It has been decades since I last wore full leather track mitts. As technology and fabrics improved, the attractions of leather faded more quickly than a pair of Brutus “fader’ jeans. (You have to be of a ‘certain age’ to remember them!) They (the gloves) tended to be heavy, clammy and uncomfortable and ultimately, I was glad to see the back of them.
A ‘premium, hand made, all leather mitt at the price of a synthetic glove’
Galibier promised that the Ginettaccio would be a lightweight, comfortable, leather mitt so I had to have a look. Apart from being quite cool (from a retro perspective) there is every chance they might last longer than your usual (semi disposable) mitt. As I go through a couple of pairs of ‘mainstream’ mitts every summer, this is quite important to me.
Presentation is everything you might expect from a premium product. The Galibier name is embossed on the cuff which is a nice touch. They also come in their own fabric storage bag which looks very smart. I am not quite sure when you might use it though. Mine is already at the back of the cupboard.
The Galibier Ginettaccio glove is hand made, in goat skin, somewhere in Spain. Apparently goat skin is more supple than cow hide, hence the decision to use it instead of err….cow hide. Time will tell whether this is true or not but, so far I can’t argue with that claim. These gloves do not come from a huge factory with a standardised production process. Every item is individual, I like that.
The back of the glove is made from a single layer of fine leather, whereas the palm and heavy wear areas are reinforced with double layers. Ventilation is achieved by multiple vents and holes as seen in the illustration. There is the normal amount of padding for the pressure areas.
The glove comes in white and black (white palm, black back) only.
The only part of the glove not made from leather is the chunky velcro tab.
Why all the fuss about leather? For a start, it is a natural product. It is light and it ‘breathes’ to an extent. Maybe one of the main selling points for me is that it is abrasion resistant. Take a tumble and while a leather glove may scuff up, it will offer more road rash protection than a synthetic glove. Another major selling point for me, is that it seems to be resistant to gorse prickles, critical at this time of year! It also affords some protection against other sharp vegetation, all of which is generally considered a good thing!
The first time you wear these gloves, they may feel a little stiff and not particularly stretchy. Having said that, stick with it and it will become so much better.
After a few rides they have become like a second skin. Supremely comfortable, I can not see myself going back to synthetic/fabric gloves any time soon, at least not in the summer!
I like the way the glove tapers in at the wrist and this may be a first – I even like the reassuringly large velcro tabs. I usually detest velcro tabs. In my experience they tend to be quite weedy and fail as fast as you can say knife! They (the tabs) either fall off because the stitching becomes undone, or simply lose their ‘stick’ once they have been used for a week or two. These promise to be quite different.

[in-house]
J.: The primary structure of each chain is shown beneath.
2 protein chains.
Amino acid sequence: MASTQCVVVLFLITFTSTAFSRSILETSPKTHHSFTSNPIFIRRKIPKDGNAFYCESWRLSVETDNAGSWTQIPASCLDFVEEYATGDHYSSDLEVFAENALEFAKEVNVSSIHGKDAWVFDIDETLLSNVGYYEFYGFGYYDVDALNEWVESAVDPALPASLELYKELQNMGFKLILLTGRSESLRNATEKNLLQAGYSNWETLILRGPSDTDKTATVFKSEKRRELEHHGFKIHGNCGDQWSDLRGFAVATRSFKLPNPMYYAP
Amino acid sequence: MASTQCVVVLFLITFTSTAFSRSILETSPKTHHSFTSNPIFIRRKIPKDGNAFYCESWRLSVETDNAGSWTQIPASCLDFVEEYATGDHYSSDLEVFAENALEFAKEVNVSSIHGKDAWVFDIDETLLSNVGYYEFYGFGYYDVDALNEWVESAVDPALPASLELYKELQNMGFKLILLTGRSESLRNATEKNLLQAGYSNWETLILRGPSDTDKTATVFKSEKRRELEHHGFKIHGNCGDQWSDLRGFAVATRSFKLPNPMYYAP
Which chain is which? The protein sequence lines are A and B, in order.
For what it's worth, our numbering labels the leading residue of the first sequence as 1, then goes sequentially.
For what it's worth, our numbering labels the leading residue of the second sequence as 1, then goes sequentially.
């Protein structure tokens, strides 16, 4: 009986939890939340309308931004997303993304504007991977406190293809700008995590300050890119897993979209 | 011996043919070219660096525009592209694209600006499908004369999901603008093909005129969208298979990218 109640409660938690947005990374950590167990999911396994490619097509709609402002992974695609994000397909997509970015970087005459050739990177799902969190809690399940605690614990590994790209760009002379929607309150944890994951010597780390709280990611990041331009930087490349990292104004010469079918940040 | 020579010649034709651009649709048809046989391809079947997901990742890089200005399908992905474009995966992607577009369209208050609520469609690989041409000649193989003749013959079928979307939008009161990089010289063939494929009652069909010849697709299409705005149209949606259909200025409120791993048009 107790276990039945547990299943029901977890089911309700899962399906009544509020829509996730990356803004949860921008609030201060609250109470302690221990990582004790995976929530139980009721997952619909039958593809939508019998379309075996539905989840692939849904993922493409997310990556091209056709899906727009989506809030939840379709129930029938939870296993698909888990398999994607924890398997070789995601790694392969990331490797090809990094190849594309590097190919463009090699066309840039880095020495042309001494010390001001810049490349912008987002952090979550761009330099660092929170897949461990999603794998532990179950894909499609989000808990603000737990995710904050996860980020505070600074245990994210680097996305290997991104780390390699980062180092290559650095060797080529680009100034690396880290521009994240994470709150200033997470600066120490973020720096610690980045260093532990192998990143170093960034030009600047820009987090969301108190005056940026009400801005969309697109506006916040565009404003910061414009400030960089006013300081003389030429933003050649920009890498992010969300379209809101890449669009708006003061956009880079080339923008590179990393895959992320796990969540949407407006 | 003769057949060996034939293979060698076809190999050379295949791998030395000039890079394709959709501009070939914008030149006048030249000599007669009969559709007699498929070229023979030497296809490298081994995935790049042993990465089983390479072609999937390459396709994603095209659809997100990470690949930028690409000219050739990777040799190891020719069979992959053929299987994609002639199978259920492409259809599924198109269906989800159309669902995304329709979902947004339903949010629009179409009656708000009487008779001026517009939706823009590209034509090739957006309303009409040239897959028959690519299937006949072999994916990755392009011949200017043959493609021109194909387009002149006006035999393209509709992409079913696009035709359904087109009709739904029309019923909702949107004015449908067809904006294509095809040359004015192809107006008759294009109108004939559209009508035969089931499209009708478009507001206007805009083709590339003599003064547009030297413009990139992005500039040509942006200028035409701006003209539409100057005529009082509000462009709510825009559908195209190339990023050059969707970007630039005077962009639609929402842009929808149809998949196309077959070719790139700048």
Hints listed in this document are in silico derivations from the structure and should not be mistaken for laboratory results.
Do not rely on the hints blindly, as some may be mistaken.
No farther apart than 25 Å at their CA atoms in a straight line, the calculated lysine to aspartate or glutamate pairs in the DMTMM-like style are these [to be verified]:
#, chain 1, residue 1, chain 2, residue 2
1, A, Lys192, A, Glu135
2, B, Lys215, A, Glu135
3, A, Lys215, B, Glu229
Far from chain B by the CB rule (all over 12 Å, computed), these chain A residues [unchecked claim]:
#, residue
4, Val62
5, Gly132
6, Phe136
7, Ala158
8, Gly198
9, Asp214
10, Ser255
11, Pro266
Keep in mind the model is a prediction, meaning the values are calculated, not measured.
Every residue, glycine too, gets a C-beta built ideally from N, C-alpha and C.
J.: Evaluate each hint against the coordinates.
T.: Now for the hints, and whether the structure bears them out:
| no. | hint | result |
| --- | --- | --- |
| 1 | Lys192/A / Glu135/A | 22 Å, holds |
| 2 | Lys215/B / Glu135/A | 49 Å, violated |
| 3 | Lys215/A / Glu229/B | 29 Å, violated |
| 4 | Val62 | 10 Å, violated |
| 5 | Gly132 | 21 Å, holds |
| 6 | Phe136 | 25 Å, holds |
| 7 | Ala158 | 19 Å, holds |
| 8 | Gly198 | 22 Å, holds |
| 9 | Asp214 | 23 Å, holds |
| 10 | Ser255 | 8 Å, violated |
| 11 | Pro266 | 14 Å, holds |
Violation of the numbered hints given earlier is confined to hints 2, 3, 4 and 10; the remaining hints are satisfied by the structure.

I wore the Galibier Ginettaccio mitts for several evening rides of two hours or so, just to break them in. Once they had conformed to my hands I stretched it out for longer rides of four to five hours. One of these longer rides was during the warmest day of the year so I was able to discover whether they became clammy or not. They did not! I was pleasantly surprised at this.
Results and Conclusion
One of my riding mates reckoned the Galibier Ginettaccio gloves look like his grandad’s driving gloves. After a while though, he admitted that they do have a certain ‘retro cool’ about them.
As mentioned previously, they are supremely comfortable. In the heat there seems to be enough ventilation. My hands did not overheat or become clammy, even on the longest and warmest of rides.
The padding is adequate and I never felt in need of any extra cushioning, even on extended gravel cum MTB Lite rides.
With most of my riding being off road, the white palm becomes grubby quite quickly but, follow the cleaning instructions and they quickly look as good as new.
One negative though. There is no ‘snot wipe’ so you either put up with a slimy glove or find a different way to clean up!
I really like these gloves. They offer everything I would want from a glove as well as being just that little bit more special than your run of the mill mitt. Like all Galibier products we have reviewed, these gloves represent great value for money.
To finish off…a history lesson
“Ginettaccio, is a honourable name awarded to a champion road cyclist. Gino Bartali the powerfully legend is more commonly lauded with the title. With a broad nose and a boxer’s face, he began work in a bicycle shop when he was 13 and began racing the same year. Our beautifully made mitts are made in honour of the attrition and style of Bartali. The promising amateur and turned professional in 1935 when he was 21. He was Italian champion the next year earning the nickname Ginettaccio. The most renowned Italian cyclist before the war having won the Giro d’Italia three times (1936, 1937, 1946) and the Tour de France in 1938. His second Tour victory came in 1948 gave him superhero status, as it was the largest gap between victories in the race.”
Now you know!
Last modified: 8th June 2019